With series of decisions, Stern shows...

With series of decisions, Stern shows he doesn't have game anym...

There are 4 comments on the Baltimore Sun story from Oct 30, 2007, titled With series of decisions, Stern shows he doesn't have game anym.... In it, Baltimore Sun reports that:

Michael Jordan started settling for fall-away jumpers. Larry Bird missed a dunk in a playoff game.

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The Hammer

United States

#1 Oct 30, 2007
You are on the money with this commentary. David Stern's handling of the league is a joke. Instead of putting players "in their place" by making them wear sport coats to games, it would be better for the league to have them wear team paraphenalia during the games. However, the Almighty Stern has to show the players that they are rich because of him and that they should bow down and kiss his rings.

I couldn't tell you how he justifies turning a blind eye to referees being linked to gambling and organized crime while he suspends players who look out for their teammates. These are the things that happen when the wrong people are in charge.
Karen

Fort Collins, CO

#2 Oct 30, 2007
Nixing The Law

Since the sexual harassment verdict against the New York Nicks was handed down in the Anucha Browne Sanders case, I have picked up snippets of dialogue and commentary to the affect that the organization’s leaders plan to appeal the verdict, and have no plans to take disciplinary action against the employees involved. The Nicks’ untenable posture in the sexual harassment mater takes on political and social implications far beyond what Isiah Thomas and his cohort, James Dolan have been held liable for doing…or not doing.

The Nicks’ position send several messages: First of all, tolerating reproachable conduct of Thomas and Dolan totally invalidates and devalues the very credible testimony of the victim, as well as the years of work that has gone into the development of this area of civil right law and legislation. Secondly, it rubberstamps consistently deteriorating standards of social conduct by many (but certainly, not all) professional athletes, their higher-ups, and frankly, the public, in general.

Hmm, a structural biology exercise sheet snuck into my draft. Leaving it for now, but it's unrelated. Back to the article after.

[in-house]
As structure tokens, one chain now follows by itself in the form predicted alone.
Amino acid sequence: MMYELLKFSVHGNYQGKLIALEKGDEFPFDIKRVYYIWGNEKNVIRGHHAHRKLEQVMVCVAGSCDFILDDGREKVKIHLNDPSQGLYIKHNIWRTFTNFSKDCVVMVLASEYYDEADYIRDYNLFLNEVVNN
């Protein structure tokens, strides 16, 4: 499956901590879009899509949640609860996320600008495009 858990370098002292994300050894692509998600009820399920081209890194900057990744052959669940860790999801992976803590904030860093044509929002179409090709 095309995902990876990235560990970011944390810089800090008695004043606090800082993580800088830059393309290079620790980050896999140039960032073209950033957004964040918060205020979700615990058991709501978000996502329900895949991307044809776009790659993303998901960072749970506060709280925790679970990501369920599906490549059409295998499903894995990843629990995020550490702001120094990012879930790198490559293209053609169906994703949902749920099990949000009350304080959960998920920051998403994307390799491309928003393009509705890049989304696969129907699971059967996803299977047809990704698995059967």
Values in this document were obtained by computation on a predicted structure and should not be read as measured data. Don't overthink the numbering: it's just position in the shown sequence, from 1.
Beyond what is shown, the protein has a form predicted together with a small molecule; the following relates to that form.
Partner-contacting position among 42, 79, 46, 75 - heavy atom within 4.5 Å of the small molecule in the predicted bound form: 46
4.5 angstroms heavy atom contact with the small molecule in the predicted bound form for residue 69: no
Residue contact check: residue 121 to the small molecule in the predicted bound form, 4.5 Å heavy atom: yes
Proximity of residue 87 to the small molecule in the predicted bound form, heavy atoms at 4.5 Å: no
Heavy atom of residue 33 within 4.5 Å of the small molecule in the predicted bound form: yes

Several years ago, the U.S. Supreme Court declared that the employers have an affirmative duty to prevent and correct sexual harassment. Typically, prevention comes in the nature of a clearly articulated sexual harassment policy, training for management and staff, and posted warnings throughout the workplace. Likewise, correction comes in the form of disciplinary action in some form or another.

Why would the Nicks allow its employees to think it’s OK to engage in conduct that brought down the all-powerful Don Imus? Thomas did not deny that he addressed Sanders in a derogatory manner. Yet, the Nicks sees no reason to address his malfeasance.

Why wouldn’t lower level employees feel empowered to model this behavior?
Why wouldn’t someone in middle management think it is Ok to fire someone for leveling a civil rights charge?

According to Tim Franks, the NBA’s vice-president of basketball communications, the league does not punish employees for matters which are civil in nature, as opposed to criminal. NBA Commissioner, David Stern said that he would not impose discipline until all appeals have been exhausted. The requirement to discipline has nothing to do with verdicts and appeals. If there is reason to believe that something amiss occurred, the Nicks organization has a duty to take action. The Nicks and the NBA could do themselves and their image a favor and listen to counsel and re-think their approach to employee relations, or face more of the same. After all, potential plaintiffs now know, that the Nicks have nixed the law.
Ken Myers

Wilmington, DE

#3 Oct 30, 2007
Maybe David Stern and his crony, NHL Commissioner Gary Bettman, who used to work in the NBA office, should retire. Does anyone notice how either is treated when they're introduced anymore?
nick

Edgewater, MD

#4 Oct 30, 2007
Amen to that Mr. Steele, amen to that. David Stern not only made the NBA the best of all the major sports leagues back in the early/mid 90s, but he has destroyed it now. I'd rather watch WWE than NBA basketball these days, atleast Vince McMahon isn't going to deny that the results to his product are fixed. The NBA has turned into a loooooooong boring season with guys nursing injuries and playing at a 50% level followed by the post season "free-throw shooting contests" that are the playoffs

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